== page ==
Schutzhund B: What is it and Why do it?
by Bret Pritchett
Congratulations to all the contestants at our Championships in Montreal! As you learned in the last Journal the Perpetual Conformation Trophy went unawarded. To win this Trophy demands two things: the dog must achieve a conformation rating of excellent; AND (s)he must also have earned a BH title. The Trophy went unawarded in Montreal because none of the three dogs that were rated excellent possessed the necessary BH. This makes you want to say "Oh Shoot", especially since everyone had the opportunity to enter the BH competition that was offered as part of the Championships. As co-chairman of the 1998 Championships I'm crossing my fingers that the '98 Championships will see a winner, and this article telling you EXACTLY how to earn a B (either before or at the '98 Championships) is one of two things I'm doing to improve your Bouvier's chances of being our Conformation Champion. The second thing I'm doing (with co-chair Kathy Heilenman) is organizing seminars at the start of Championships so that you can get answers to any lingering questions you may still have just before you enter the B competition. So, let's get a head start on preparing your wonderful Bouvier for this test!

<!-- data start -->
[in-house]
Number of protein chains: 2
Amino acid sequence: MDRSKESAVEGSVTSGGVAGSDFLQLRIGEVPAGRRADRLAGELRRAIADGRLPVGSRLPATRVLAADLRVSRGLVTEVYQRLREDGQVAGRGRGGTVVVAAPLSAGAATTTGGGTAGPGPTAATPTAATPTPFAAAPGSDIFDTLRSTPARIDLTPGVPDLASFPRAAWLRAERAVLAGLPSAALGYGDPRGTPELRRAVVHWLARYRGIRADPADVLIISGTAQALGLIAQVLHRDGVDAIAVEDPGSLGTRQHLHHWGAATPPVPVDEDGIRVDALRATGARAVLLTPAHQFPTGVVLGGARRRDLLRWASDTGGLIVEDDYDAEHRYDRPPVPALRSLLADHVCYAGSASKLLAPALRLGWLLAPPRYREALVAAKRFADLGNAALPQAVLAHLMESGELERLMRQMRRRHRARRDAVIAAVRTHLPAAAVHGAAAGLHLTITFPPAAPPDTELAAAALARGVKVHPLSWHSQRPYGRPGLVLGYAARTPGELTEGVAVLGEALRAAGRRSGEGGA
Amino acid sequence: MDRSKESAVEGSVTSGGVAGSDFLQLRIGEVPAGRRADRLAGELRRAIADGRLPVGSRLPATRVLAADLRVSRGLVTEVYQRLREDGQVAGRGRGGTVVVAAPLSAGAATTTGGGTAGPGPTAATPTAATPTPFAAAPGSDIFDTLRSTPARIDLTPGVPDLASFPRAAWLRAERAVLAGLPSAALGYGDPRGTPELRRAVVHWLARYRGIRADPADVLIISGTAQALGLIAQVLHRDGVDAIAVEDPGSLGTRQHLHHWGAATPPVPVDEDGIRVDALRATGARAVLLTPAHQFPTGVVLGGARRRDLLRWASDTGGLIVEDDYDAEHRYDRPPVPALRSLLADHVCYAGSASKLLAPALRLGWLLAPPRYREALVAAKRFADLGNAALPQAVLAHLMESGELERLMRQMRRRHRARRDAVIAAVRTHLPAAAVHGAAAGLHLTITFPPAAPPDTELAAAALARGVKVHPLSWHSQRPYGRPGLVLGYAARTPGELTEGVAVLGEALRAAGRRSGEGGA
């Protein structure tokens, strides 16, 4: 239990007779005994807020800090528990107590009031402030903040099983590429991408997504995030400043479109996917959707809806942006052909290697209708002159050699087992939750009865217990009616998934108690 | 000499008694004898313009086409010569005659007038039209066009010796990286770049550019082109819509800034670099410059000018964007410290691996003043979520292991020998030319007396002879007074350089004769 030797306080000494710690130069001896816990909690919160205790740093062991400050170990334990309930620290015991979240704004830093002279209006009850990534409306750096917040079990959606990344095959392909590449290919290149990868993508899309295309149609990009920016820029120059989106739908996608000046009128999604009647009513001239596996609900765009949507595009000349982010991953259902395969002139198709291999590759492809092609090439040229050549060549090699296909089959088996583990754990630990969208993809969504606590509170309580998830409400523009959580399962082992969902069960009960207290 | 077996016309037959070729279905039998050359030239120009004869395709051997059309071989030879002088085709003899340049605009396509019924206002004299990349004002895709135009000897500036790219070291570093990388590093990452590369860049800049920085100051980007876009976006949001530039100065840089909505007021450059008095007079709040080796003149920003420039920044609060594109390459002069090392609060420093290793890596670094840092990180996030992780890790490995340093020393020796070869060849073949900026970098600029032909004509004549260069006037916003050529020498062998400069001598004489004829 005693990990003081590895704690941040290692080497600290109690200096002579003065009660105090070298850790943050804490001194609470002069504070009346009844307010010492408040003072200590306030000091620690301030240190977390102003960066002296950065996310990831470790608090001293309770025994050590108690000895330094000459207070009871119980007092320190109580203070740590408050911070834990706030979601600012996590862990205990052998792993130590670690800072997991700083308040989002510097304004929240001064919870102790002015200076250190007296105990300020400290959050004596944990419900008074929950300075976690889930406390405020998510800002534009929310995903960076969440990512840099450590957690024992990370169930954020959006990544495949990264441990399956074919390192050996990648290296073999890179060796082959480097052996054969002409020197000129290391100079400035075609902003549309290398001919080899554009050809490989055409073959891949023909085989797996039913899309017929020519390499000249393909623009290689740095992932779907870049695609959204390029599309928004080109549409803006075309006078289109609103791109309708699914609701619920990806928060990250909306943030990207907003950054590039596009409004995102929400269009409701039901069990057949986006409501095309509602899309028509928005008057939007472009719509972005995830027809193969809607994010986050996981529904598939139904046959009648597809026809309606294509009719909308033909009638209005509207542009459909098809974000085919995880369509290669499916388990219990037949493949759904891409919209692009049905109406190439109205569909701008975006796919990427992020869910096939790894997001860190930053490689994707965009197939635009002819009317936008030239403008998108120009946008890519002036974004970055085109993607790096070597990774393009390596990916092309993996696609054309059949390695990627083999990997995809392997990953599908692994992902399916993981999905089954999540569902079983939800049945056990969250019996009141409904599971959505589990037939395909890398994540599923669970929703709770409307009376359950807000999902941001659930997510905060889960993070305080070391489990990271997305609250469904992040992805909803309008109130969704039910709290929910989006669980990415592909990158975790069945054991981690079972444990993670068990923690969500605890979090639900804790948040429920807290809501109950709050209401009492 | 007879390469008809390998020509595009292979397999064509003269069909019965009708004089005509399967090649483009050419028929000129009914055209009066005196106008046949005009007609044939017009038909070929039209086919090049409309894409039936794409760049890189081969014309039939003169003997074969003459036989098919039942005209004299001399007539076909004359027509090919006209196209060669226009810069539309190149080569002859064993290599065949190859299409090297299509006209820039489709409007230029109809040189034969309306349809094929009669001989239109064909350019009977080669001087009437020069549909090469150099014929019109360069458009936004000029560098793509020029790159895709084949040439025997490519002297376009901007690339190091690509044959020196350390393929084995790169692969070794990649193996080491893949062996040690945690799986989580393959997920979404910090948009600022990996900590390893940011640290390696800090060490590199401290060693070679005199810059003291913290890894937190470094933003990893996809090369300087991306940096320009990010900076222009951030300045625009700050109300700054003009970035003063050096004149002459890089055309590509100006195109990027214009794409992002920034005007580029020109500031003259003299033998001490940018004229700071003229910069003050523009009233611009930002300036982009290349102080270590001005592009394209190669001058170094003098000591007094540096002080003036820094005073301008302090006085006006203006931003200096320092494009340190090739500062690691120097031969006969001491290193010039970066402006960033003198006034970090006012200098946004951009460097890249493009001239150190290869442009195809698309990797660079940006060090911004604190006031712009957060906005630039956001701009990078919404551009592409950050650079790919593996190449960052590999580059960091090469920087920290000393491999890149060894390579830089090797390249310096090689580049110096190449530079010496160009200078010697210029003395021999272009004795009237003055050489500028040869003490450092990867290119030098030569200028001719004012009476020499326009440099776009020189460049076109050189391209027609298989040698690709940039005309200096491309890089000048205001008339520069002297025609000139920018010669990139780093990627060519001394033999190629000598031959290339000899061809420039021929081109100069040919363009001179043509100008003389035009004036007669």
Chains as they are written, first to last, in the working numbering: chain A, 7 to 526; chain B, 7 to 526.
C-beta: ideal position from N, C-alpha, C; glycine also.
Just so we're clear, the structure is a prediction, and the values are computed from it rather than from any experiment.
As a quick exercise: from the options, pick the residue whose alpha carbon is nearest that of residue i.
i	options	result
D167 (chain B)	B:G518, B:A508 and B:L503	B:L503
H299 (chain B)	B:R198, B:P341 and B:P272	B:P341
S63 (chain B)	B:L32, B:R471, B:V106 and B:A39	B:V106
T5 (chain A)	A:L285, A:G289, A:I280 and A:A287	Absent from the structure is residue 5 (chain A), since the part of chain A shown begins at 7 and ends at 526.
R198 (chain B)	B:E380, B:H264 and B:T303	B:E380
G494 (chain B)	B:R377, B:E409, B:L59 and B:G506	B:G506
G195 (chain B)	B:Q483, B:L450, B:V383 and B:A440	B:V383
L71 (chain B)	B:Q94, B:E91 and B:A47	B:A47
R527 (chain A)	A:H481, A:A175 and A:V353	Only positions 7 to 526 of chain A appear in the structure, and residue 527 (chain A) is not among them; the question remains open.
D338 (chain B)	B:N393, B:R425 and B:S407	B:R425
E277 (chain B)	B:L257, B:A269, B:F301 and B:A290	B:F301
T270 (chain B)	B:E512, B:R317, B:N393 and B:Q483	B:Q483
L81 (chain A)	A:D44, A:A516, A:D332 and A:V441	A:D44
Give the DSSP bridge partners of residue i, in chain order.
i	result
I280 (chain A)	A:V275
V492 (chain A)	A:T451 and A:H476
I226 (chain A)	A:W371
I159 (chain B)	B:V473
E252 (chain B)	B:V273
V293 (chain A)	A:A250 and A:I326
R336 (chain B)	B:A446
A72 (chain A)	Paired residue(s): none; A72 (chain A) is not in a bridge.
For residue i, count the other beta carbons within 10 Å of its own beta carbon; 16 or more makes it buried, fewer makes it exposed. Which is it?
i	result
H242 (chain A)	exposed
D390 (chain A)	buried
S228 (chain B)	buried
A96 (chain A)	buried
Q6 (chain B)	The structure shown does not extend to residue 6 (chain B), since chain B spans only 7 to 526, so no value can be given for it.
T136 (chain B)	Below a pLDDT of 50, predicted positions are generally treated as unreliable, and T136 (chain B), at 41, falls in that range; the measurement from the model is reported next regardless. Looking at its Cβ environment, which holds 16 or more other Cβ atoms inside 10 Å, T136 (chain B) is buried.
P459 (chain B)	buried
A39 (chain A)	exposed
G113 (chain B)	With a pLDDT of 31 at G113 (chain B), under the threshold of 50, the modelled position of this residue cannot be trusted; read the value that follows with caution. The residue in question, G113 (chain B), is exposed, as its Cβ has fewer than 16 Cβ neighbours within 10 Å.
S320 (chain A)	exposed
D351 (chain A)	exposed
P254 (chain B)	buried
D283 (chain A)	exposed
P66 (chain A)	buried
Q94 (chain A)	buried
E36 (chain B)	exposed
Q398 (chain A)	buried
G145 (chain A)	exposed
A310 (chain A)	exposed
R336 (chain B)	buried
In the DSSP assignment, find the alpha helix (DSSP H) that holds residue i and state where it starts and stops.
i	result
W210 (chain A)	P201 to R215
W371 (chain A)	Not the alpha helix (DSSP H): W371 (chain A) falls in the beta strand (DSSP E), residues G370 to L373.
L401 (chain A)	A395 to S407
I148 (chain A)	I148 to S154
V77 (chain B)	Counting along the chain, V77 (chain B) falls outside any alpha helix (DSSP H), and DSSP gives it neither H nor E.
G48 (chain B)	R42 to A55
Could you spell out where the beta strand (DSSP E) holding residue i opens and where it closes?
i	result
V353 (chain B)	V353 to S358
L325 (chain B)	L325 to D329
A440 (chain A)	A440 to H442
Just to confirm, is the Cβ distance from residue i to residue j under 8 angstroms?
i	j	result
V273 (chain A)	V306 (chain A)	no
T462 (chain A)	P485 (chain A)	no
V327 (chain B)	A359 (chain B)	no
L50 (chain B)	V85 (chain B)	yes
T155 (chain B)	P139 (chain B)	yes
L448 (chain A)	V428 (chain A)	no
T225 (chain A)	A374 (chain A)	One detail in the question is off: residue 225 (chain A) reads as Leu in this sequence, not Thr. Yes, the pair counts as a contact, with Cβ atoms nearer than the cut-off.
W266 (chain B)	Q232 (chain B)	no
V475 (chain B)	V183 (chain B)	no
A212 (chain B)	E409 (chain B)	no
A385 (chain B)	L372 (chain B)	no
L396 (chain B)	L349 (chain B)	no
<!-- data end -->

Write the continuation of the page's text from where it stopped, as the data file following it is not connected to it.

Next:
The Begleithunde (BH) examination is also known as the Traffic-Steady Companion Dog Test or Schutzhund B. It is a title that is required prior to Schutzhund I degree attainment in the United States, Germany and many other countries. The BH is not generally regarded as a "training title" in the sense of breeding or showing. It is the prerequisite to Schutzhund degrees which include: Schutzhund I, Schutzhund II, and Schutzhund III.
The BH is an examination of Character. The minimum age is 12 months. An official scorebook is required prior to the examination. If the participant does not have a scorebook a $50.00 check must be written to Schutzhund USA and collected by the Trial Secretary prior to the examination. When the Scorebook is received the $50.00 check will be returned. One may be obtained from Schutzhund USA or the DVG. NAWBA has also issued scorebooks in the past. A dog is allowed to pass the BH one day and enter the Schutzhund I competition the next. If the dog fails, the dog is allowed to entered into another BH evaluation the next day also.
There are three phases of the BH evaluation. They are the Impartiality Test, the Companion Dog Test and the Traffic Test.
I. Impartiality Test